If you would prefer to leave the RV behind for this trip, there are plenty of group camping options available at Lakeshore, Orchard, and Meadow. These sites are ideal for anyone looking for more primitive camping options. Electricity isn't available and all amenities like hot water and showers, are located around half-mile away at South Nicolet Bay Campground. If you have a camper or motorhome, you will have to let it in the parking lot and can use it for daytime operation. However, sleeping in the carpark overnight is forbidden. There are even a few shelters available in the area to enjoy throughout the day or in the evening.
Biking can be a great way to get some exercise and see the park at the same time. You can take the Sunset Bike Route for 10 miles of beautiful forest scenery and also see Sven’s Bluff, a popular attraction. If you’re looking for something a little rugged, there are 12 miles of off-road trails you can try. Just be sure to get a trail pass before you head out and be prepared - these paths can be a bit more difficult.
In the summer, when the weather is warmest, swimming is one of the best ways to cool off and relax. At Peninsula State Park, there is an area set up just for swimming. At Nicolet Beach, there is plenty of room for sunbathing as well as sand for the whole family to enjoy. There is also a snack bar for you to purchase the summer essentials like ice cream. Just be aware that there is no lifeguard on duty, so you’ll be swimming at your own risk. Also, pets are not allowed on the beach, but they are permitted at the Pines picnic area, which is next to the parking lot.
At Peninsula State Park, you'll find eight miles of shoreline to gain access to the water of Lake Michigan. If you're looking to take your boat out, there is a boat launch located at Nicolet Bay. If you've brought your kayak or canoe, the best place to head out is at Tennison Bay, where the water is a little more shallow. You can also rent a canoe or kayak if you don't bring your own.
For anyone looking for something slightly different from their stay at the park, the Northern Sky Theater is a must-visit. From mind-June to late August, the Northern Sky Theater puts on a comedy show here at the park. Go and see what it’s all about, and enjoy a fun night filled with acting and singing. The best part is that these shows are specifically geared towards the whole family, so it’s something that everyone can enjoy.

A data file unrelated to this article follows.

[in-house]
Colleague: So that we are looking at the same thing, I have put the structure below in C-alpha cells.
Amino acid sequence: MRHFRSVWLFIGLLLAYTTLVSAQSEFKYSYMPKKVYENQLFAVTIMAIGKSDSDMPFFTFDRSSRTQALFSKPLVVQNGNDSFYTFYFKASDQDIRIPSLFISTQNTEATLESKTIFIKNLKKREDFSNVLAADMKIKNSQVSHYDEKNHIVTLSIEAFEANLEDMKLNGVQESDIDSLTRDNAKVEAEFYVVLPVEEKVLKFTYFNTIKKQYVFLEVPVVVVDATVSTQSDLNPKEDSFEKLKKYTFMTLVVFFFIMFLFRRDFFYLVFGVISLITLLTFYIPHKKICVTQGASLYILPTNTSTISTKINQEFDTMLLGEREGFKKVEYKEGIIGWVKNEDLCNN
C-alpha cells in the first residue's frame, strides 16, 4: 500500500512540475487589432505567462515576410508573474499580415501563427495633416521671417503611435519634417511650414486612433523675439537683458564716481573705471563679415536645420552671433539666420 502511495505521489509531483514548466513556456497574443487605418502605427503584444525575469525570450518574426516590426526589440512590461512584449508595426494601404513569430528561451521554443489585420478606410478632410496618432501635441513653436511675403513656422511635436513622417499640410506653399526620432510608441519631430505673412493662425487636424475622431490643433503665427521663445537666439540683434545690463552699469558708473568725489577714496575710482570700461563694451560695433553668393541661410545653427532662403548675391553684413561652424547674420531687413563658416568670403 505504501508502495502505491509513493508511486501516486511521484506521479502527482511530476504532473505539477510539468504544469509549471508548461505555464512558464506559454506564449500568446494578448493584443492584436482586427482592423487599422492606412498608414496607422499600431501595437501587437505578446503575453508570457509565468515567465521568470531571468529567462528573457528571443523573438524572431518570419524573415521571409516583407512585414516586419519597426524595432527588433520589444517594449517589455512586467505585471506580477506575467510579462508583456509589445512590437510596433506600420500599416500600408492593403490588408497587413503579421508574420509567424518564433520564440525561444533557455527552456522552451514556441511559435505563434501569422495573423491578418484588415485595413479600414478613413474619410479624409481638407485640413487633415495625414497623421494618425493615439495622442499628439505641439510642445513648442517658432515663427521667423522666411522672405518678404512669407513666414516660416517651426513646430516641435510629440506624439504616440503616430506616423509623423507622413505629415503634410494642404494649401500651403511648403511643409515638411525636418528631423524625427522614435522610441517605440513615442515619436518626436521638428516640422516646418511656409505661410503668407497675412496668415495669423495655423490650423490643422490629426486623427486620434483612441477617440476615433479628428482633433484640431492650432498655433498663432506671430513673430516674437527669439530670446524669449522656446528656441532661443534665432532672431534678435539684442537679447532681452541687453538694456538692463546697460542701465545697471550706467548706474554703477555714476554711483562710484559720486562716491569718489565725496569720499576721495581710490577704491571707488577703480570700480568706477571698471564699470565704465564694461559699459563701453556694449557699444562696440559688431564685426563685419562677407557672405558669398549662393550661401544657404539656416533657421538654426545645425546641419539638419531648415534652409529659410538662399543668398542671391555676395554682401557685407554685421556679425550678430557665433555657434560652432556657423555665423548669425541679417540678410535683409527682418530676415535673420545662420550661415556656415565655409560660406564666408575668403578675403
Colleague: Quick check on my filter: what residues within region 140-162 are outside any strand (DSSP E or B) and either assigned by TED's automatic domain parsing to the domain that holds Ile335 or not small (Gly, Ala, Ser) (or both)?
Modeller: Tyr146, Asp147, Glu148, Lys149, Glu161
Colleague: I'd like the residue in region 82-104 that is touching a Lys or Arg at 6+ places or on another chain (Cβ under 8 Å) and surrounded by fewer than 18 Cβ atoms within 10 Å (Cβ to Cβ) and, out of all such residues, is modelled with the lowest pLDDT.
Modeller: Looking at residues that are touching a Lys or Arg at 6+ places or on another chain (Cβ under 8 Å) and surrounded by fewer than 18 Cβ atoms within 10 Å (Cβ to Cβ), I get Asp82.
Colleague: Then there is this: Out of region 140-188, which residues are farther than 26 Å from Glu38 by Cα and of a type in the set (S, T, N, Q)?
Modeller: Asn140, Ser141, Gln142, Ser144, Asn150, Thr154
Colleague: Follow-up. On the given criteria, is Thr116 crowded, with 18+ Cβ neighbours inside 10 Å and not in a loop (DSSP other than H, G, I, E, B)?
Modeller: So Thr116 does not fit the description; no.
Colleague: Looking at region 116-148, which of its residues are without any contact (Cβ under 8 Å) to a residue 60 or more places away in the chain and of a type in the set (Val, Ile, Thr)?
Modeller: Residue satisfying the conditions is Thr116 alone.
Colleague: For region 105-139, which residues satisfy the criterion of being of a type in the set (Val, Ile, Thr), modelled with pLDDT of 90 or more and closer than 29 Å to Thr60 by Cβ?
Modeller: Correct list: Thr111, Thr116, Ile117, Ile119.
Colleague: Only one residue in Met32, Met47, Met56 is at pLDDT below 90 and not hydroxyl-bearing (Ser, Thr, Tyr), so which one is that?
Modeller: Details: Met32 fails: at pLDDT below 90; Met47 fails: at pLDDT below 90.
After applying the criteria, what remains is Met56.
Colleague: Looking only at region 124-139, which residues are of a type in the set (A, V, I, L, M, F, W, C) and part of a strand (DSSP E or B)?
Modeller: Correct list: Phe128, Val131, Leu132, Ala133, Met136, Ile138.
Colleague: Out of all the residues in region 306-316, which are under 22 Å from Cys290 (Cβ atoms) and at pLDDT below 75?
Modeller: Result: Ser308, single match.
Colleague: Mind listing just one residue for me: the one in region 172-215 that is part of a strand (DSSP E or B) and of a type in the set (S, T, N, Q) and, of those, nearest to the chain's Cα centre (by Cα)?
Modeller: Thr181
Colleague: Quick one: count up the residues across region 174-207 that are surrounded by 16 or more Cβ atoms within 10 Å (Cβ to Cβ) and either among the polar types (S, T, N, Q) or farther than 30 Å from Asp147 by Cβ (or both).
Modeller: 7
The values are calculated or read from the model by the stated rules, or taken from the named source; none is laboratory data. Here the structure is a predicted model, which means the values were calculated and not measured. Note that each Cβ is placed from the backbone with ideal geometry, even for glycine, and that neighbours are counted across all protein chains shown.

There are 20 miles of hiking trails at Peninsula State Park. With easy, moderate, and difficult trails, there's a great experience available for all. The Eagle Trail and White Cedar Nature Trail are two of the most popular. The Eagle Trail will give you a close-up of the Niagara Escarpment, and the White Cedar Nature Trail will bring you near the nature center.
Exploring the scenic trails on skis is one of the top choices among winter visitors to the park. There are 16 miles of ski trails in the park, and they are for skiers only. This means you won't have to worry about sharing the track with hikers or snowshoers. The trails are well kept and double-tracked for more leisurely skiing. Whether you're new to skiing or an expert, you'll be able to find a trail that works for you, the routes range in difficulty level and are color-coded to help you identify the correct level for you.
If you’re visiting in the winter but still want to go hiking, try snowshoeing. There are six miles of trails set up for snowshoeing, and they offer a glimpse into some of the most peaceful areas of the park. These trails are not groomed, which may mean it could be challenging, but it will let you experience some of the more remote regions on offer. Luckily, you won’t be sharing these trails with skiers or snowmobilers, as the snowshoeing trails are specially marked.
The steep hills situated in the park made it an ideal spot for sledding and tubing. One of the most popular places among winter visitors is at the number 17 fairway at the park golf course. The spot is perfect for people of all ages and experience; however, the hill is pretty, so take precautions, and adults must watch their children at all times. As a safety precaution, Toboggans are not allowed.
Winter is a fantastic time for anglers at Peninsula State Park. With a bit of luck, you can look forward to catching some trout, perch, and walleye from beneath the ice. As per Wisconsin law, you will need a fishing license before starting to fish. Ice conditions can change quickly, so make sure to be careful when heading out onto the ice and fish at your own risk. Before heading out, check weather conditions and make sure the ice is thick enough.
If you’re feeling adventurous, Peninsula State Park has 17 miles of scenic trails for you to enjoy on a snowmobile. Snowmobiling is a great way to explore the expansive beauty of the park in the winter. However, you must keep to the marked trails and make sure you have a snowmobile pass before setting out. The maximum speed limit in the park is 25 miles per hour, and you’ll need to have your vehicle registration on display. Typically trails are closed on a county-wide basis, but this can differ in extreme weather, so make sure to read up before you head out.